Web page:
Fresh ideas and approaches can empower a brighter future of aging, and the emergence of financial gerontology is cause for hope. This link between two disciplines that are critically important to the aging population presents the potential for new solutions and healthy, productive and purposeful outcomes for today's older adults and for generations to come.
Boomers face the increasing perception that they are getting long in the tooth, and that younger managers are better prepared to lead project teams going forward. Yet the truth is that over 80 percent of corporate managers are not only ill-suited to their jobs, but their lack of leadership negatively impacts profitability.
We're in the midst of a demographic shift resulting from increasing longevity. Life-spans have nearly doubled in the last century due to advances in science and sanitation, and lives grow longer each year. The odds are that millennials and the generations that follow will experience significantly longer lives.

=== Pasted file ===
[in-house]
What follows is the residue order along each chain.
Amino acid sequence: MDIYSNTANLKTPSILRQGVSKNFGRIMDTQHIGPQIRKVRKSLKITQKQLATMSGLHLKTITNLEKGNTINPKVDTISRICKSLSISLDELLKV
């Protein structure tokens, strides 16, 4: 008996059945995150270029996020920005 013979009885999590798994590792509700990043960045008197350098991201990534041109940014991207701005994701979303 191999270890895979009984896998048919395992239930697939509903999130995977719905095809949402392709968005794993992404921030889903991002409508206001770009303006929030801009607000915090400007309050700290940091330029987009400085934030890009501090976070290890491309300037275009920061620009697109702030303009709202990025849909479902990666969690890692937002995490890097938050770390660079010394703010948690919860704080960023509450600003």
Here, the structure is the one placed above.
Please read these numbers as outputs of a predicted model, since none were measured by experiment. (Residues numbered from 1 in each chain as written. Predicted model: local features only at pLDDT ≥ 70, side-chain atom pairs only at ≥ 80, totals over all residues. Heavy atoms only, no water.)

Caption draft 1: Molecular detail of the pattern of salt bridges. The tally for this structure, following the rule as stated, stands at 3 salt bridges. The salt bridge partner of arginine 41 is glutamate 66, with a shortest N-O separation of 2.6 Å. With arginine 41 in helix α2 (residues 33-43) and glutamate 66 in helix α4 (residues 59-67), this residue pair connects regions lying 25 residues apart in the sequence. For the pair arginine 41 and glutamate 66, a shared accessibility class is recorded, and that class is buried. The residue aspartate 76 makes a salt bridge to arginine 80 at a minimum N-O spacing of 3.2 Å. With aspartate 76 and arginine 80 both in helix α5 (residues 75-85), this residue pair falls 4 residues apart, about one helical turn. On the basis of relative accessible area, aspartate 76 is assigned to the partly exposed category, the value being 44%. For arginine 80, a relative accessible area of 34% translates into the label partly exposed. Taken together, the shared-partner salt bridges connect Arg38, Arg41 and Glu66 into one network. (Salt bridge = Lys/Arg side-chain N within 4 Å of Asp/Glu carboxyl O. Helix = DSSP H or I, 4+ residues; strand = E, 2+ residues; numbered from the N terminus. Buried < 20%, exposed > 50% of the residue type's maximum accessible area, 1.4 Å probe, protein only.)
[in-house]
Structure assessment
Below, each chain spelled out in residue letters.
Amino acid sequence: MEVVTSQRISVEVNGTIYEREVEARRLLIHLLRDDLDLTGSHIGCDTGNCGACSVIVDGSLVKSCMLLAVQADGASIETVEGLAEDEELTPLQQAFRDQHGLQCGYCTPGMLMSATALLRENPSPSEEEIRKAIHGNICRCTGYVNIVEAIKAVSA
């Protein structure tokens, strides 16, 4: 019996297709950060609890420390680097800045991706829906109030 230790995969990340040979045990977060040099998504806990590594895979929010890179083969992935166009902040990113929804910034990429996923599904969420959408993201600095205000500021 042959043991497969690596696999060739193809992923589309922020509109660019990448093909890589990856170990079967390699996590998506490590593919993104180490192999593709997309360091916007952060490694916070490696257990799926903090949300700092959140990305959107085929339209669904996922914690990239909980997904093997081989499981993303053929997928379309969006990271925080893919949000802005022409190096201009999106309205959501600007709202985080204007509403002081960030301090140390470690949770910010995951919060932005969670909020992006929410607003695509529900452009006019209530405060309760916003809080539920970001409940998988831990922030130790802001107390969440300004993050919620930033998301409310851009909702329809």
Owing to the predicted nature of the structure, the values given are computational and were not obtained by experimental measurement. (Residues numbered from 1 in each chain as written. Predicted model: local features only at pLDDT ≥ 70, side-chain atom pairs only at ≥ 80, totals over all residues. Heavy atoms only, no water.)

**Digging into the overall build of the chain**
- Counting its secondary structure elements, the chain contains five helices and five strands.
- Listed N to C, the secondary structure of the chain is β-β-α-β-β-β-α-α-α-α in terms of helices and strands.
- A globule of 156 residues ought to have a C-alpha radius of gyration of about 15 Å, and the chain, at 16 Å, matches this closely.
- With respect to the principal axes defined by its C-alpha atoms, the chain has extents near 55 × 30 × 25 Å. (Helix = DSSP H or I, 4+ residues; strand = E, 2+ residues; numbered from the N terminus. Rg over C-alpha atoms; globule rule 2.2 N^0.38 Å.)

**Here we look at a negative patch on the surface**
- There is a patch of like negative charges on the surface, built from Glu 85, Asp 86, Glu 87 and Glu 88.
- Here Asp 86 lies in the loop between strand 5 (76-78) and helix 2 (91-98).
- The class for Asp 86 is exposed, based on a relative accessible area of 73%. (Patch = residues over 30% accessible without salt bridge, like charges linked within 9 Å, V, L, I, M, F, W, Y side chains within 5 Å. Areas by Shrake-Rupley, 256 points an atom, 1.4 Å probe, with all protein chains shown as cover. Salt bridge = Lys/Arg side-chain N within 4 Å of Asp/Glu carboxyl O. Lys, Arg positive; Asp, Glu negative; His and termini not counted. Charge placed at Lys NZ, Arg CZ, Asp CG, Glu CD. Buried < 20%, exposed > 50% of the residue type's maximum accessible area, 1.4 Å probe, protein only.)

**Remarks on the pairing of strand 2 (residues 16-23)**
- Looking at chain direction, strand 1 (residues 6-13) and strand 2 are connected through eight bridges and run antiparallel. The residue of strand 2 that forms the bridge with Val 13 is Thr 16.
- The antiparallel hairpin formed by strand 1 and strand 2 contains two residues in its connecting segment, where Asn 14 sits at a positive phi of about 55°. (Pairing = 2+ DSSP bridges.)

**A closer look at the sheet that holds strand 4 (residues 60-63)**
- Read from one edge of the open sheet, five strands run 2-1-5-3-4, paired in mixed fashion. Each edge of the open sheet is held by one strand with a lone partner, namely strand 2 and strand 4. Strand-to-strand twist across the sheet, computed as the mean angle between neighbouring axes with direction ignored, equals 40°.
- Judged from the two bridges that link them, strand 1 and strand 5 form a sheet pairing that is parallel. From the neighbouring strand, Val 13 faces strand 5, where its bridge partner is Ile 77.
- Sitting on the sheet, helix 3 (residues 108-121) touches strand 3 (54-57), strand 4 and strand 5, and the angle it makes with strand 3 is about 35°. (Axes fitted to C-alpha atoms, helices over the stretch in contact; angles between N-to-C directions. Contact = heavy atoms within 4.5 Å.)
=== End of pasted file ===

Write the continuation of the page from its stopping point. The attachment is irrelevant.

Around the time I turned 50, I had the following dilemma to consider: either continue working for another 10 to 15 years in my old career to ensure a financially secure retirement, or change to a new career that is better aligned with my passion and purpose. After a period of struggling with this question, I finally decided to change to a new career in my mid-50s.
After 35 years in the same business, is it possible to turn on a dime and make a go of it in some entirely new field? The answer of course is "yes," but when you've been "downsized" or otherwise unceremoniously dumped by your company, it is still an incredibly unsettling and disorienting experience.